Art can transform lives, heal pain and act as a cohesive force within a society or community broken by conflict, dislocation or poverty. Art can act as an agency of empowerment, upliftment and hope in the darkest hour. I believe expression is an imprint of our inner world; it is a basic human right that belongs to us all, regardless of race, class, gender or personal circumstance. It is my mission to change the way people think, relate to one another and communicate. When we feel, we heal. When we teach others we reach out to a greater sense of collective humanity. Creativity is a process born of humility. It does not judge but gives birth to new ideas, new perspectives. It is a product of our imagination and a reflection of our deeper consciousness. Art serves as a reminder of our ancestral memory.

I am a visual artist, photographer, filmmaker and storyteller. I use the arts, film, theatre and text to heal, heighten and strengthen the lives of others globally. Photography is my beginnings. It is a language with which I respond to and reflect upon my life. I use film as a metaphor and means of mediating the spaces that exist between place, perception and consciousness. Storytelling presents me with possibilities of translating my reactions into visible texts that can be read and experienced by others. This act of translation and transposition has since developed in response to specific experiences, people, places, ideas and culture. Although my work is rooted in spaces and environments it is also at once universal, for it speaks to the greater human condition.

I am interested in indigenous communities internationally, globally and universally whose languages, customs, traditions and folklore all inform specific value systems and ways of being and living. I am drawn to the root of people who carry history and legacy within their cultural expression. I am dedicated to nurturing creativity in myself and in others, for it is expression that allows us to overcome our obstacles both from within and without. Learning is a creative endeavour; it is a life long mission. For me, the best school of learning is the activism of doing. The principle of apprenticeship is one that has shaped my vision and quest to share with others.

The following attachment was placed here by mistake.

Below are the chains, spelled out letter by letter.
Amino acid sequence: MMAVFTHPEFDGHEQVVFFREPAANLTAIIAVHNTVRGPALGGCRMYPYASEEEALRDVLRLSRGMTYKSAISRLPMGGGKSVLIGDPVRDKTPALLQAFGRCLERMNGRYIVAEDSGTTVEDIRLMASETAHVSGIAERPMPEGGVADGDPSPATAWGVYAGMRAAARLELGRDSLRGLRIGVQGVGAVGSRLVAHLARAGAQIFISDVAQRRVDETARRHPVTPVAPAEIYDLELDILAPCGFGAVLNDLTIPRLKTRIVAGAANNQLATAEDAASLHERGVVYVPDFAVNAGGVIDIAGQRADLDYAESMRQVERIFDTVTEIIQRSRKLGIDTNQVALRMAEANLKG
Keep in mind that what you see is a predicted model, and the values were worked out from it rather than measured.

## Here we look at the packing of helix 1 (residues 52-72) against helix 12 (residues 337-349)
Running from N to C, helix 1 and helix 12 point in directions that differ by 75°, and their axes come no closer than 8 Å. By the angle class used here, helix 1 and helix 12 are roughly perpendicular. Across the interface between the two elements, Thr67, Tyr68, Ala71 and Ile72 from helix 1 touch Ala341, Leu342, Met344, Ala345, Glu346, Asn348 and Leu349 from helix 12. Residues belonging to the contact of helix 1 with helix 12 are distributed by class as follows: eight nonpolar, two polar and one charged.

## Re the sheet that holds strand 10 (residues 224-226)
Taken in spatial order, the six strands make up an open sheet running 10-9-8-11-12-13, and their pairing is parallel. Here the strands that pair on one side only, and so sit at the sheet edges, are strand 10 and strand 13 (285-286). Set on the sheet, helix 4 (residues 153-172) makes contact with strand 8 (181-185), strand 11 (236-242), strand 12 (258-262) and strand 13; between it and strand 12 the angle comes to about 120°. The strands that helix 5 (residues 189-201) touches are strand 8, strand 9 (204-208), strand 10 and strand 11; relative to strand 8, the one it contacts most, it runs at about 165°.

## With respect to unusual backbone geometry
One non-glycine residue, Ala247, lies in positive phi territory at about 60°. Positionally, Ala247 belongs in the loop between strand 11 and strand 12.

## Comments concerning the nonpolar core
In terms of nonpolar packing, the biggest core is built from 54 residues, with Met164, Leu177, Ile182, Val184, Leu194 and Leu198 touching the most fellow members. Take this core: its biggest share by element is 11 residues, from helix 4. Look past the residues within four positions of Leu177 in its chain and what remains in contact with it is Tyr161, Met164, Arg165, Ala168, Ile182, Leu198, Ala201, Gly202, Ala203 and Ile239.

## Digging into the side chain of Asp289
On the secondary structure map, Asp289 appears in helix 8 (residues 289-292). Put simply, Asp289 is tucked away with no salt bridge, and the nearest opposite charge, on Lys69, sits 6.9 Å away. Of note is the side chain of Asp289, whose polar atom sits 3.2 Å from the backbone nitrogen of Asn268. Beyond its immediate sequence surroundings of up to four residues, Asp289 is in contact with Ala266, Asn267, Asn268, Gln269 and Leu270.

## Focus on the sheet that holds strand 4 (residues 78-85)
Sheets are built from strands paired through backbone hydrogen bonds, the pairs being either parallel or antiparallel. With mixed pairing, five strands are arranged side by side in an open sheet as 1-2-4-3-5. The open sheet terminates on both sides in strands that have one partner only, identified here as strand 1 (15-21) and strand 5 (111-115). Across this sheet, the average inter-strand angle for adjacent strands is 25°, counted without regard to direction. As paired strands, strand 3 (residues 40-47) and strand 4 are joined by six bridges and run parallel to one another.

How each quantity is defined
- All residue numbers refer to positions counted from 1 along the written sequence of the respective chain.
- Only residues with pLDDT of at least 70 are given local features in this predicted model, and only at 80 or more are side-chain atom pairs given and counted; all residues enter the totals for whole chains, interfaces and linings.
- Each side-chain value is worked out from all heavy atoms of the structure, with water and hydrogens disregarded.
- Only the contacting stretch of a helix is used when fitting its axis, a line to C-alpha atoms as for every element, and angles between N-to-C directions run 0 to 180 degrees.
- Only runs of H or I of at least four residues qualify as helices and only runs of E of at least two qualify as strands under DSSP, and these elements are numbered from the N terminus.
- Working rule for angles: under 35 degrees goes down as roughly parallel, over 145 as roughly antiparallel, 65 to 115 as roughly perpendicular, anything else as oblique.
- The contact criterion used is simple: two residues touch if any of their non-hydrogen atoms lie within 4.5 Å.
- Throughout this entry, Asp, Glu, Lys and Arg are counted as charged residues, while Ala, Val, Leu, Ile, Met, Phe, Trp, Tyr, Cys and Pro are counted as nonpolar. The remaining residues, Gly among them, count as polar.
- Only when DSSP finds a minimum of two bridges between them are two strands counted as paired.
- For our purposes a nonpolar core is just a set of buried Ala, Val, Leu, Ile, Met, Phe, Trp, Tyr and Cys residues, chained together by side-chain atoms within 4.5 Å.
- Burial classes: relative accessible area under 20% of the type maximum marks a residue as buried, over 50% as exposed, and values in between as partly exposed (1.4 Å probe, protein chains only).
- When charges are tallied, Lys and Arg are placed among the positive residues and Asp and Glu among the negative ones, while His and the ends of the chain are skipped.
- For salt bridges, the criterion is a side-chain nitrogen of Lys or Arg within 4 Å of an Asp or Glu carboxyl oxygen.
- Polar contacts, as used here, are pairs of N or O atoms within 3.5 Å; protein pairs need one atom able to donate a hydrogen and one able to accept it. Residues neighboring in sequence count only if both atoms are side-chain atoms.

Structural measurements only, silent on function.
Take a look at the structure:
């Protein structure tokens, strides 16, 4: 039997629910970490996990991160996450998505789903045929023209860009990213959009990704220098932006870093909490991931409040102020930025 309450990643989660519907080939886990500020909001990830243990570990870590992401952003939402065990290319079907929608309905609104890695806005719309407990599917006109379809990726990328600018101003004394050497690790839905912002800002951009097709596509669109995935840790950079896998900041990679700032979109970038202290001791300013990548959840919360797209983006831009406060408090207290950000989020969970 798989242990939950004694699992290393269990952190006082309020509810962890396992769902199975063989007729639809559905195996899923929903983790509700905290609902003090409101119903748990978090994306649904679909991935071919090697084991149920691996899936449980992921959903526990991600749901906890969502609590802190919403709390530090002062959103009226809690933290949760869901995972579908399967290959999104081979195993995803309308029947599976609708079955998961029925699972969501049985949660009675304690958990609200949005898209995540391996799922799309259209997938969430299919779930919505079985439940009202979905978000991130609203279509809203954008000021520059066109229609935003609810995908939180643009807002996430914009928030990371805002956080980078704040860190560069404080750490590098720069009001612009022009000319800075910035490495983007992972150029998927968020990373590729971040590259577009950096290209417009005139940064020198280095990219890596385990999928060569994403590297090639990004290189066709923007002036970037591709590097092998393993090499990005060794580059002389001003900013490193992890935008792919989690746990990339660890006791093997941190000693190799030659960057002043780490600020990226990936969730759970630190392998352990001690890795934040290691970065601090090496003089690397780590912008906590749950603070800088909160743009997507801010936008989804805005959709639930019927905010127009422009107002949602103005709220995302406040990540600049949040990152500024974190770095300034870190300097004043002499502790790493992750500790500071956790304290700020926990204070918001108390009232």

I believe in creativity without walls and barriers.
I believe in art without hierarchy.
I represent innovation within ancient practice.
I represent change within old forms.
I represent the young drawing from the wisdom of the old.

Art carries the pulse of our existence like an untapped language. In my work I act as a conduit and the questions that emerge bring an awareness and particular understanding to both fellow practitioners, as well as people who are experiencing it for the first time. The breadth of my work encompasses and empowers those who are not necessarily focusing on the specific art form but have an interest in the consciousness and way of thinking. For me the conscientious artist has a responsibility and is accountable to wider society for transformation and upliftment. Music, dance and memory have formed an axis for my work, a mirror through which I am able to see the world.